Mr. Skelton told a story that marks clearly the savage manners of the people. One of these Pettigo men came up to him one day with joy in his face, and said to him ; “O! we had the finest drinking ever was two or three days ago; we were all drinking in a field after a burial, and we drank two or three kegs of strong whiskey. While we were drinking the last keg, a poor fellow (he said, mimicking him) who sat on the grass near me, fell down on his back, and then gave a shake or two with his hands and feet, and stirred no more. We looked at him, and found he was quite dead; then we took an empty keg, and clapt it on bis breast, and shouted, we'd have another fine drinking bout at his burial. Then we waked him that night; and next day, at the burial, we drank strong whiskey, as much as before. So we bad fine sport.” The wild parts of Munster or Connaught could scarce exhibit such savage barbarity of manners.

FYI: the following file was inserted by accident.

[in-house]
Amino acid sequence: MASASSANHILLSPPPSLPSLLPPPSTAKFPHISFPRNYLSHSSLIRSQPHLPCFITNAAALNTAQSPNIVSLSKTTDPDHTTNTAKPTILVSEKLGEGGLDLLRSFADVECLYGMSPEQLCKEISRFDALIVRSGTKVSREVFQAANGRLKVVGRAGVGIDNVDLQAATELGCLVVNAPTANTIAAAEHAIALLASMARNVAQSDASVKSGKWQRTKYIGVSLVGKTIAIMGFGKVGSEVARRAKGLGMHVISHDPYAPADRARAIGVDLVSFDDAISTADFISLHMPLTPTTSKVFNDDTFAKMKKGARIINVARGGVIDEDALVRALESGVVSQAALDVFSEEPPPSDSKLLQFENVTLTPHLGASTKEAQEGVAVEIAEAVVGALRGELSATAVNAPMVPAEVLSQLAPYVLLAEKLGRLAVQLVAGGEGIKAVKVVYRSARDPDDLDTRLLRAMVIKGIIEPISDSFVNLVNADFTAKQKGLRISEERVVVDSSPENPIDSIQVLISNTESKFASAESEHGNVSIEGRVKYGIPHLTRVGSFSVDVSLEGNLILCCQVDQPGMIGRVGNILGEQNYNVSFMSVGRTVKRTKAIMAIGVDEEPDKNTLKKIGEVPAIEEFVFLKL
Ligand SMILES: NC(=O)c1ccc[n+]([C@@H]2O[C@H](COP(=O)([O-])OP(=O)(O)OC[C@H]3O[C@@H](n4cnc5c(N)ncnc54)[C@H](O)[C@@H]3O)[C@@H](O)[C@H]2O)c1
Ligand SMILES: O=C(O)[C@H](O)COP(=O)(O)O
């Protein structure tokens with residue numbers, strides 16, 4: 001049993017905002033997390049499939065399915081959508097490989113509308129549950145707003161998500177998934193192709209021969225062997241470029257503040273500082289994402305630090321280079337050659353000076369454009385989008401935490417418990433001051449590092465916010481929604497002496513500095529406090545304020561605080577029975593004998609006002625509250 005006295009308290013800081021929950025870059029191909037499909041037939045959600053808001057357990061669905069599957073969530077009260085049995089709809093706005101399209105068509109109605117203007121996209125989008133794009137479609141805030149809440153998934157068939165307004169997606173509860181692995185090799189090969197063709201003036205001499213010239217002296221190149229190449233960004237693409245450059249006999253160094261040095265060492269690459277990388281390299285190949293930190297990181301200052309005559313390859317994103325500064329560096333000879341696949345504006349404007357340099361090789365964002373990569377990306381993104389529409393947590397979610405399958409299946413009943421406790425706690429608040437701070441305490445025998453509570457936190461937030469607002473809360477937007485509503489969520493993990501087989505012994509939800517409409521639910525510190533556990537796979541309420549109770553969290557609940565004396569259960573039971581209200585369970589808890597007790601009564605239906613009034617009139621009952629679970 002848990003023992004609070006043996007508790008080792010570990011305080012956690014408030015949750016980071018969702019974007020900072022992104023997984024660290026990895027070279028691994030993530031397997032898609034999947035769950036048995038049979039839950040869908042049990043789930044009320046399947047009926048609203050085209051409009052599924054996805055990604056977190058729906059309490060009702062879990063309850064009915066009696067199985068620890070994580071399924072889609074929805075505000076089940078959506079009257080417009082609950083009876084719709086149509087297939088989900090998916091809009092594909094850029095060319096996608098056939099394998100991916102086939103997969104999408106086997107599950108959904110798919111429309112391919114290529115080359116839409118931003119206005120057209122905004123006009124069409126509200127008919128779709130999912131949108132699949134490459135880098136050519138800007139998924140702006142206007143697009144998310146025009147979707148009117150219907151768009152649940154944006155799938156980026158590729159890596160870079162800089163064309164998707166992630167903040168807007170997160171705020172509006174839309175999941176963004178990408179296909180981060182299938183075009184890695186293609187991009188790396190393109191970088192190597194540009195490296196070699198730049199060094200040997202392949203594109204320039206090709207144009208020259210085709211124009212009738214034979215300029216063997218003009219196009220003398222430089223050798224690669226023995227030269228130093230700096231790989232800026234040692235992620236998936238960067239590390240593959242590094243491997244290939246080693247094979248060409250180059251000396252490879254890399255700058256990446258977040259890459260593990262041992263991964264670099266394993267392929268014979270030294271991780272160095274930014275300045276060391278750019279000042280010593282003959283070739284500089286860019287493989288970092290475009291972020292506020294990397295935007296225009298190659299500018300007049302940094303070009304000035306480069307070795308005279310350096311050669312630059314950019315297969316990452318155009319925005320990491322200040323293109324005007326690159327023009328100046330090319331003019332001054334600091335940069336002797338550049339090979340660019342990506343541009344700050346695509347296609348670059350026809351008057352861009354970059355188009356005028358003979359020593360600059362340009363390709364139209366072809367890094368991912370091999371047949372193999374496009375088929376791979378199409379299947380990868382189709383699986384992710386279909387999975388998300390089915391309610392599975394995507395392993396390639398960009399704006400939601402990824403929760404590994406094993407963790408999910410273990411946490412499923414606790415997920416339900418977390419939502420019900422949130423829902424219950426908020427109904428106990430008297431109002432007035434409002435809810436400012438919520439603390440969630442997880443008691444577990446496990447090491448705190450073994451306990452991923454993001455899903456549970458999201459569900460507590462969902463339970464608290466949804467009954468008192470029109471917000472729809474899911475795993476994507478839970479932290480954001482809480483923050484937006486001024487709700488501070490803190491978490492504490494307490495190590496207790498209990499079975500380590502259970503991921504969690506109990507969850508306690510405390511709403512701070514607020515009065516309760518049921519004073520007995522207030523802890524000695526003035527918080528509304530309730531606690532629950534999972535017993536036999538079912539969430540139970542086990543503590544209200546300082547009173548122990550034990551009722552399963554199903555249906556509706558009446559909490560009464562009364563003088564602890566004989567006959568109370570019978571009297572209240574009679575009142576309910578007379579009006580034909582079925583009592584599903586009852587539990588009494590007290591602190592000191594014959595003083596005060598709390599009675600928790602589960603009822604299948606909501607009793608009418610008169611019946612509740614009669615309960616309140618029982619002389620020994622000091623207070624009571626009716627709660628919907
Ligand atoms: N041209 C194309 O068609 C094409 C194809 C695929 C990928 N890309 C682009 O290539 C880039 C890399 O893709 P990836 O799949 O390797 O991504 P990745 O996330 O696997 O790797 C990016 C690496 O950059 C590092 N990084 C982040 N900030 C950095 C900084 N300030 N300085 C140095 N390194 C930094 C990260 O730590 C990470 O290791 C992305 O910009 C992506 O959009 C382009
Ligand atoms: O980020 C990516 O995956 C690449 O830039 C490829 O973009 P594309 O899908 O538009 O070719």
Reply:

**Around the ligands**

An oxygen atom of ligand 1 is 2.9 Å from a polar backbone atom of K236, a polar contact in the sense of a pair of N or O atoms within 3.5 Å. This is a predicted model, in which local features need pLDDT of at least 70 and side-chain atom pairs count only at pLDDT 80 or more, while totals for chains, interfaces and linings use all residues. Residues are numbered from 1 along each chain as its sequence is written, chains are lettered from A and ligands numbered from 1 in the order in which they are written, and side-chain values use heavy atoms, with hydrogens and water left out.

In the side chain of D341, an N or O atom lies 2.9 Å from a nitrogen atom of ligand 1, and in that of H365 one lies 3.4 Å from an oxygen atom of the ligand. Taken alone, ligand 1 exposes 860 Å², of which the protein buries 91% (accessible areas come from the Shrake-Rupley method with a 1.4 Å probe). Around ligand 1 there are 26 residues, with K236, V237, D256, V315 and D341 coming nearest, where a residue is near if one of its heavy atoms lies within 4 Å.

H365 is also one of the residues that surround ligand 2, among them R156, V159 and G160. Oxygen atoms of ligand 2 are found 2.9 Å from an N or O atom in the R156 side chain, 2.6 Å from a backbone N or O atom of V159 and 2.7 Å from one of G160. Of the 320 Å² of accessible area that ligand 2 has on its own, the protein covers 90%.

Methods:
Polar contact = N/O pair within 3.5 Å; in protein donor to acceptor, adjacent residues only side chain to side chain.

Mr. Skelton strove with all his power to dissuade them from this brutish practice. Those he could prevail on he made swear against drinking, and in his church he preached against it. A serinon he preached to them on this sobject is printed in his works, entitled, “ Woe to the drunkard ;" which, had they the feelings of common men, must have had an effect on them, especially when delivered by such a preacher as Mr. Skelton. Yet his advice and preaching produced in this instance but little reformation. Whiskey was plentiful, and the vice was established by long practice. It is almost impossible to make people lay aside at once customs of this sort, sanctioned by time, and pleasing to their appetites. The advance from barbarisin to civility must, like every other improvement, be gradnal. His own hearers were probably in some degree reclaimed by him from beastly drunkenness. He strove also to limit the expenses of all his people at christenings and marriages; for they usually spent all they could collect at these ceremonies, and afterward were nearly starving. I heard of a curious answer which an old woman of Pettigo made him, when he was just going to marry her to a young man. * What's the reason,” he said to her, “ you're doing this; 'tis for your penny of money he marries you, sure he hates you, for you're both old and ugly.”